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Gödel, Escher, Bach: An Eternal Golden Braid (commonly GEB) is a 1979 book by Douglas Hofstadter, described by his publishing company as "a metaphorical fugue on minds and machines in the spirit of Lewis Carroll".

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What do one mathematician, one artist, and one musician all have in common? Are you interested in zen Buddhism, math, fractals, logic, paradoxes, infinities, art, language, computer science, physics, music, intelligence, consciousness and unified theories? Get ready to chase me down a rabbit hole into Douglas Hofstadter's Pulitzer Prize winning book Gödel, Escher, Bach.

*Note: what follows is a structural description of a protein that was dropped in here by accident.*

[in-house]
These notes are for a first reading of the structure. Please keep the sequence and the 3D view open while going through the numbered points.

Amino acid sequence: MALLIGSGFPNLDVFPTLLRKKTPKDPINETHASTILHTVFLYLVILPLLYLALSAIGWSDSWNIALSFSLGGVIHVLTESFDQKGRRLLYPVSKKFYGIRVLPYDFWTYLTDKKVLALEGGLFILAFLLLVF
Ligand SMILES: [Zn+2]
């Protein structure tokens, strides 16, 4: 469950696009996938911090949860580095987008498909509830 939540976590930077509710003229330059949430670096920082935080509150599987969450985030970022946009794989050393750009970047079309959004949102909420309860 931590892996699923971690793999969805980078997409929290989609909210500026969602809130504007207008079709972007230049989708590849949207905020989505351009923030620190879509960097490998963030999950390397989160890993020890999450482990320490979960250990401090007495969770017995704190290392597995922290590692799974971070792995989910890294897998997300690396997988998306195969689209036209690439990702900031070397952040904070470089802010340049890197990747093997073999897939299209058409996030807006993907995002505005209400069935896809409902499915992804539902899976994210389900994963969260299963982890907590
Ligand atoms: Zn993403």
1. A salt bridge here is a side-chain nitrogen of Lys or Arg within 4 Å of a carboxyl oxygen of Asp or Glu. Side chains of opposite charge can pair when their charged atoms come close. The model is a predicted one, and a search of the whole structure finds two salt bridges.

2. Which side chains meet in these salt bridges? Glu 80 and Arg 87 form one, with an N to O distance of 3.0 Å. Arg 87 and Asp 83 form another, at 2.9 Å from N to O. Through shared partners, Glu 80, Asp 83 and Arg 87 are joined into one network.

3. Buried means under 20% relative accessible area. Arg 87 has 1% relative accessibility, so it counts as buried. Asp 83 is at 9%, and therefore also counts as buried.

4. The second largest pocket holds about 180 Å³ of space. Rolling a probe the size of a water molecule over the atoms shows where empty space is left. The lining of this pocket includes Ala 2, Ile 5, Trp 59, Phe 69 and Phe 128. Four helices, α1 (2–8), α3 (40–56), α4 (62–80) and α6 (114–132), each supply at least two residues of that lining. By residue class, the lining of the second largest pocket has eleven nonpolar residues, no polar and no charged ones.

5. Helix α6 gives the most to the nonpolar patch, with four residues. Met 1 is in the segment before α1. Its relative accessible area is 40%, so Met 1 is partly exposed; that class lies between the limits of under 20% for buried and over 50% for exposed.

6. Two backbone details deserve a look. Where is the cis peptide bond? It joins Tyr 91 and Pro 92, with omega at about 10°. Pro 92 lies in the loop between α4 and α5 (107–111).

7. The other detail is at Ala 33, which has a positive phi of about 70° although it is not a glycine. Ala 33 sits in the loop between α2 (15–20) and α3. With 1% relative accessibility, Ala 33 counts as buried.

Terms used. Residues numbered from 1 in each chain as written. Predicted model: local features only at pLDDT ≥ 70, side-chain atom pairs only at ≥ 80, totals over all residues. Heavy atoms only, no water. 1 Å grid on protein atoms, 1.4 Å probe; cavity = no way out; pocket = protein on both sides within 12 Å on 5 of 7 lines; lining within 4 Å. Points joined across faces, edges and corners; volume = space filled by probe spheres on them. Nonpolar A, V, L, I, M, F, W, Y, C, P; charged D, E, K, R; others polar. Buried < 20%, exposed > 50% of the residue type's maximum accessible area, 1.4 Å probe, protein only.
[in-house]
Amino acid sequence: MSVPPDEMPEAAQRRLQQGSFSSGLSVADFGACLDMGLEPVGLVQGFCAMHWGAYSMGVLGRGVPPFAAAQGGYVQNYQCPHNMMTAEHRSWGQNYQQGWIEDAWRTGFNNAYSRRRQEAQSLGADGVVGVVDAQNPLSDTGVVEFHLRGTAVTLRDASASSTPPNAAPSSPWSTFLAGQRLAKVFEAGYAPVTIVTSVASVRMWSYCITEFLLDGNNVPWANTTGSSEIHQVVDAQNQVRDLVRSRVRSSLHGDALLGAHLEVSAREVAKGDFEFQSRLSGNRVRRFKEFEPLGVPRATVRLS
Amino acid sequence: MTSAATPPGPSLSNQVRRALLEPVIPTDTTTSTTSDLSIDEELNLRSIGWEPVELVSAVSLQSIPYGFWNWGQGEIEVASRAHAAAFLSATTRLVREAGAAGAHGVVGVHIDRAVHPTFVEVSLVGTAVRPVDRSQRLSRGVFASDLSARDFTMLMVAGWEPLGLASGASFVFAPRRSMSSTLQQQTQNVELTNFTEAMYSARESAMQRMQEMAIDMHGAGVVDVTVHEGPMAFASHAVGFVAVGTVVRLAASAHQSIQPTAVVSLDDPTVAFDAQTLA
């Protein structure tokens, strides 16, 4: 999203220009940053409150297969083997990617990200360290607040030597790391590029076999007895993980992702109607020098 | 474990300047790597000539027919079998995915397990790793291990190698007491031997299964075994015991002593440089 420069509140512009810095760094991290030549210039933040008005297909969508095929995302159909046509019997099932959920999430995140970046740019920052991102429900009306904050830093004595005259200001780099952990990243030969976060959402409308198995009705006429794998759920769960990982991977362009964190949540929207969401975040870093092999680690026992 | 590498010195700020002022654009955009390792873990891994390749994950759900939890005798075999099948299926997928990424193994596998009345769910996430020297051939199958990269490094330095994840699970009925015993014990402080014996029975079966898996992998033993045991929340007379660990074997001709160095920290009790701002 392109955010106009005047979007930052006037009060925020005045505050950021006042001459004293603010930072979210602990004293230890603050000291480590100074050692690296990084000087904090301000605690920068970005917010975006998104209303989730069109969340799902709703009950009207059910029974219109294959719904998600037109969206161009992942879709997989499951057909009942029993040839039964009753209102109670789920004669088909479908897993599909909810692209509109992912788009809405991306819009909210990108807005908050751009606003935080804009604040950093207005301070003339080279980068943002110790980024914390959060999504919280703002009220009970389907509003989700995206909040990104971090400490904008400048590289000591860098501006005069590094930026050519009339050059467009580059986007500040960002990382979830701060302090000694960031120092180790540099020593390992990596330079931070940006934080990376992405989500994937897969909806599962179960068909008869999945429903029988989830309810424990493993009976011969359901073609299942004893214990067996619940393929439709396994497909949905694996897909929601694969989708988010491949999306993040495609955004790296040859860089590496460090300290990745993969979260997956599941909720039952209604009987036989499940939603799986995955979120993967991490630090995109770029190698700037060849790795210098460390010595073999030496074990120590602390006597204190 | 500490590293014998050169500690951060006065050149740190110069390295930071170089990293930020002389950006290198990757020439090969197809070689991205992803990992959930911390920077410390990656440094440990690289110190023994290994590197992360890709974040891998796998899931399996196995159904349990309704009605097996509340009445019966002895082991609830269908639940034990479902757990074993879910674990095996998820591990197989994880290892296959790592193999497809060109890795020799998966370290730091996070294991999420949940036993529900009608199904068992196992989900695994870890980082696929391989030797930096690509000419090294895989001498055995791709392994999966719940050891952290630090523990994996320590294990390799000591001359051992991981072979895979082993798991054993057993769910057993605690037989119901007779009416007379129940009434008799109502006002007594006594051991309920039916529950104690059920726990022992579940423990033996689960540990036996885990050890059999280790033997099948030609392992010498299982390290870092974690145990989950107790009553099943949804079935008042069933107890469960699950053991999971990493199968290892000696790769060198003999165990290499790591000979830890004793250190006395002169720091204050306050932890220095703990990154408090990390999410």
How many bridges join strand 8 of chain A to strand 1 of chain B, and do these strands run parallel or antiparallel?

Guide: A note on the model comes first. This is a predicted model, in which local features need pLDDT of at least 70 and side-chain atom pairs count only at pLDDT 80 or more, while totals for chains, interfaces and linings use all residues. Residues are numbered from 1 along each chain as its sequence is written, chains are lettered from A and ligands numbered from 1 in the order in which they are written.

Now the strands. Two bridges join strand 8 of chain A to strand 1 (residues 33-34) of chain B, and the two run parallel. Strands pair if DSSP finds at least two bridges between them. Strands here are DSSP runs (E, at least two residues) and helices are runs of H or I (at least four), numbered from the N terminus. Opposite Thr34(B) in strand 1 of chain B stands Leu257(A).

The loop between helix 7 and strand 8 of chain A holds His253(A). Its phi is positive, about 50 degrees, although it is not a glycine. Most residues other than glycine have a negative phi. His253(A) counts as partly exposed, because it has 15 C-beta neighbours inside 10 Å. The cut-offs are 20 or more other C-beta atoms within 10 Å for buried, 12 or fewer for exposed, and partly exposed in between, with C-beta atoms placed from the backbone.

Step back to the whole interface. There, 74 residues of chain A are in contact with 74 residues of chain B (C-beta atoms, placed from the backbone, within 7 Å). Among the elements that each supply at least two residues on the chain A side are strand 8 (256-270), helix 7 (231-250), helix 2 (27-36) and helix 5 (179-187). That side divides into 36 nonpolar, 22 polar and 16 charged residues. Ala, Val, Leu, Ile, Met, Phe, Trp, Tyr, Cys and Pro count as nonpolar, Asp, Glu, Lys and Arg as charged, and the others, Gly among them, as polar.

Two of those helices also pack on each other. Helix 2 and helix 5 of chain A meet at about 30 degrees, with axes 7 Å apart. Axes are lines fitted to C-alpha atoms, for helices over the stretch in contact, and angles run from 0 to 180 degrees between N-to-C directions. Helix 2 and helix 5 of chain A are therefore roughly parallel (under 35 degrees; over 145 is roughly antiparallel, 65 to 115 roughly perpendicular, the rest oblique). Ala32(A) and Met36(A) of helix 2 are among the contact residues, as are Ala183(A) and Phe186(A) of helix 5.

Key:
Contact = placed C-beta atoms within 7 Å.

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Godel, Escher, Bach: An Eternal Golden Braid, by Douglas Hofstadter, is the most profound book I have read in my entire life, and personally the most influential.

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Through illustration and analysis, the book discusses how self-reference and formal rules allow systems to acquire meaning despite being made of "meaningless" elements. It also discusses what it means to communicate, how knowledge can be represented and stored, the methods and limitations of symbolic representation, and even the fundamental notion of "meaning" itself.

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Gödel, Escher, Bach: An Eternal Golden Braid by Douglas R. Hofstadter - won both the Pulitzer Prize for general non-fiction and a National Book Award (at that time called The American Book Award) for Science

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